I have peace- do you have peace?
I am not afraid of death? Are you?
I have joy, true Biblical joy? Don’t you want to find that?
I have a purpose? Can you define yours?
I base my belief in a God inspired authority called the Bible? What is your source of truth?
Trust Christ now, please! Each moment you reject Him, the more hardened you get to Him. Your callousness will one day seal an unimaginable doom. God is a gentleman. He will give you your desire- a life without Him.
Just know that at some point the decision will be permanent. The gates of hell are locked from the inside.
I will be your friend. I hope you appreciate that I shared all of this with you because I believe I owe it to you. If I held it back, it would say one of two things. Either I really did not love you or I really did not believe this to be true.
Thursday, February 08, 2007
Right at this moment I'm totally cool
Clear as a crystal, sharp as a knife
I feel like I'm in the prime of my life
Sometimes it feels like I'm going too fast
I don't know how long this feeling will last
Maybe it's only tonight
Darling I don't know why I go to extremes
Too high or too low there ain't no in-betweens
And if I stand or I fall
It's all or nothing at all
Darling I don't know why I go to extremes
“I Go to Extremes” Billy Joel
Questions: What is your life about? If you are a believer in Christ, why are you still on the planet? Why didn’t God just catapult you straight to the heavens upon conversion?
Part of the answer is that we are in an amazing and miraculous period referred to as ‘sanctification” that is- we are being molded and set apart as a vessel of service to the glory of God.
There are many Biblical passages we can look at to investigate the process by which we are putting off (actually putting to death) the Old man of sin and putting on the righteousness of Christ.
There are two passages I want to use as a foundation for information to share with you what Christ is doing in my life and an outline of what we all can do to “walk in the light as He is in the light”.
The first passage is an introductory reminder in Psalms 119:1-10
1 Blessed are those whose way is blameless,
who walk in the law of the Lord!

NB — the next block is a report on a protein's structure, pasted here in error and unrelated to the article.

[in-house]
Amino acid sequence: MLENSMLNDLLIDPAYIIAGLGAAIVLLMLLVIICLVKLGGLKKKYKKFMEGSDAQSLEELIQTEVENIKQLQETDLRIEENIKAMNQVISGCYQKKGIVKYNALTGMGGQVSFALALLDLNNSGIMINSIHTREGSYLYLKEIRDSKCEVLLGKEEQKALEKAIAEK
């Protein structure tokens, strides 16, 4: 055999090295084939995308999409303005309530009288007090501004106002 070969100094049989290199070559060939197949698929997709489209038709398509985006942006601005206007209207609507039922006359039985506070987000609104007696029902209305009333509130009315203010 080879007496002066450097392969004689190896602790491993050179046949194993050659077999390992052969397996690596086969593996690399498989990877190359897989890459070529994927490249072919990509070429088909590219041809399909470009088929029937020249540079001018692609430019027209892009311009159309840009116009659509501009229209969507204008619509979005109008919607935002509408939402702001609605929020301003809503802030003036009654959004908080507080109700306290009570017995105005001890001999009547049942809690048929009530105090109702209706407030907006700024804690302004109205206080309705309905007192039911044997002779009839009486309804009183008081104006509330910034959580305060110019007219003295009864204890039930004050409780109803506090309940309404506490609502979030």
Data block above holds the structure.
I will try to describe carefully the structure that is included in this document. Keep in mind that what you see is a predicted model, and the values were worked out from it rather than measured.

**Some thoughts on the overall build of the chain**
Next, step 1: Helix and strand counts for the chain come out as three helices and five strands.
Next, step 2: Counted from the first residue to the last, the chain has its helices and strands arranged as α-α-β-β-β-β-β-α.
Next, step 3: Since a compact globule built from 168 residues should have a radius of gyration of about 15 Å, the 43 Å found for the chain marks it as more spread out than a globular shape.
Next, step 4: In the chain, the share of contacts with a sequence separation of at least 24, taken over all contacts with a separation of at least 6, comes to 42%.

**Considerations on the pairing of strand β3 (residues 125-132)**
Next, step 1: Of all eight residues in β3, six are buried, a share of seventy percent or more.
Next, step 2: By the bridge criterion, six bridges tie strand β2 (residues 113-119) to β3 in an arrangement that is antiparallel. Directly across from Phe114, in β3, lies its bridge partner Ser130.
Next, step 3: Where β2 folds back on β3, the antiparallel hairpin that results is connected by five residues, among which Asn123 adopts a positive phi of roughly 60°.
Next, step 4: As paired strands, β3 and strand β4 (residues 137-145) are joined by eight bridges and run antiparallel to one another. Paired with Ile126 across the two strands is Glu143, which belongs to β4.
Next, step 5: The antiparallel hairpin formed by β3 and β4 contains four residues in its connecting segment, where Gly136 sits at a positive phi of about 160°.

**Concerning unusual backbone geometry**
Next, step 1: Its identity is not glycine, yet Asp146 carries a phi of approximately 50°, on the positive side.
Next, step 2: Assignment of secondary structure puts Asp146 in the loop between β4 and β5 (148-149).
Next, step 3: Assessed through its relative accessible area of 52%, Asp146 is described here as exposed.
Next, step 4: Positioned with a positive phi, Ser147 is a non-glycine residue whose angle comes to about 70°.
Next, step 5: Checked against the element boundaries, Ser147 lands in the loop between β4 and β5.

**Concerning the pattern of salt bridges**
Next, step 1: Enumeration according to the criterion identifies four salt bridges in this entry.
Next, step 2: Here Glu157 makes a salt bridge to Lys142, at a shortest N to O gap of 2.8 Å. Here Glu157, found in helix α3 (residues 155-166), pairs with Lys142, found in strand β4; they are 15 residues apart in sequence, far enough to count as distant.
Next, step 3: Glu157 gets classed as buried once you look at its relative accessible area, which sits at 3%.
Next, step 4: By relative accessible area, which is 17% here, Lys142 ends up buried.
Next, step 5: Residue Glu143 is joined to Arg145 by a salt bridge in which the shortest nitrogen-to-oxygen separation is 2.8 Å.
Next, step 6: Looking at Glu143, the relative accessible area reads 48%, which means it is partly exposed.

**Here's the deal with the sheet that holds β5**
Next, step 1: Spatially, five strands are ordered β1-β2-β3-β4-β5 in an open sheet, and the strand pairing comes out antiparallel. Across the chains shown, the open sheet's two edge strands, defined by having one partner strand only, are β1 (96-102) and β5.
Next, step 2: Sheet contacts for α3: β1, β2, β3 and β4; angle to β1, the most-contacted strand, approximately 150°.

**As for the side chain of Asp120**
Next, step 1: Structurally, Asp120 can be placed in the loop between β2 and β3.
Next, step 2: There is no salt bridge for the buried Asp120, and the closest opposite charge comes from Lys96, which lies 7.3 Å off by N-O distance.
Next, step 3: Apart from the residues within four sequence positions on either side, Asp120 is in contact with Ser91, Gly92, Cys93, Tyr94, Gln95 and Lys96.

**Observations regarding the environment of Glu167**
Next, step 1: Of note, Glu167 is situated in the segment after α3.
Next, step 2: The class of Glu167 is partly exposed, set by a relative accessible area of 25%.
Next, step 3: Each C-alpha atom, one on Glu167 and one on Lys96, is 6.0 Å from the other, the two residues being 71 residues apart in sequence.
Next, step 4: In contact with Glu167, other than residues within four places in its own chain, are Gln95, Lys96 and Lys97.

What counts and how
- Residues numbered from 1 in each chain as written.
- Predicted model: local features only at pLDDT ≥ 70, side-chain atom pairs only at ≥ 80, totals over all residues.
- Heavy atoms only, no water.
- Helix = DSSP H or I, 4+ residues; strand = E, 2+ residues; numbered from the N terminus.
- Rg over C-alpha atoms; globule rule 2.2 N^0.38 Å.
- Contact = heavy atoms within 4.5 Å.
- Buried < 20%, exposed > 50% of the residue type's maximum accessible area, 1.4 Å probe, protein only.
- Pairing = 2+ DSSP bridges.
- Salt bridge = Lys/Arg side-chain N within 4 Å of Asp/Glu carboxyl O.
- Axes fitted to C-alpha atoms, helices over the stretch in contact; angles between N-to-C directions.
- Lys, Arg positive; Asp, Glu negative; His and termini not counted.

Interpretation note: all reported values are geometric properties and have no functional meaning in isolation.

2 Blessed are those who keep his testimonies,
who seek him with their whole heart,
3 who also do no wrong,
but walk in his ways!
4 You have commanded your precepts
to be kept diligently.
5 Oh that my ways may be steadfast
in keeping your statutes!
6 Then I shall not be put to shame,
having my eyes fixed on all your commandments.
7 I will praise you with an upright heart,
when I learn your righteous rules.
8 I will keep your statutes;
do not utterly forsake me!
9 How can a young man keep his way pure?
By guarding it according to your word.
10 With my whole heart I seek you;
let me not wander from your commandments! Blessed are those whose way is blameless,
who walk in the law of the Lord!
We live in a “How to America”- How to win a million dollars, How to install surround sound. In our quest for How to we often miss the instruction book- We cannot neglect the Bible- Christian books, magazines, programs, music are all great- but don’t allow them to substitute the pure refined milk of God’s word.- The Holy Spirit will only be enabled to produce gospel fruit in your life with the tools available to Him by scripture- Holy Revelation. God’s word is fine tuned to steer us down the road of sanctification.
Michael Horton wrote a recent article called “The American Religion” I wanted to read a small section of that as food for thought.
Just imagine a first-century Christian hearing an average "testimony" in a modern church. Here's someone who has lost his job and has been imprisoned for believing that Jesus Christ is the only Savior and King. He may also be fed to lions or turned into a lamp for Nero's garden. And this first-century believer is sitting in one of our meetings listening to a well-meaning brother or sister saying something along these lines: "Since Jesus came into my heart, it's been one blessing after another. I got a new job and I've claimed prosperity and healing in all areas of my life. It fixed my marriage and made me feel good about myself for the first time in my life. So what do you have to lose? Try God! Give Jesus a chance! He'll turn your scars into stars and your sorrows into stepping stones." How do you think your first-century Christian friend would react to such a display of uniquely American religious pragmatism?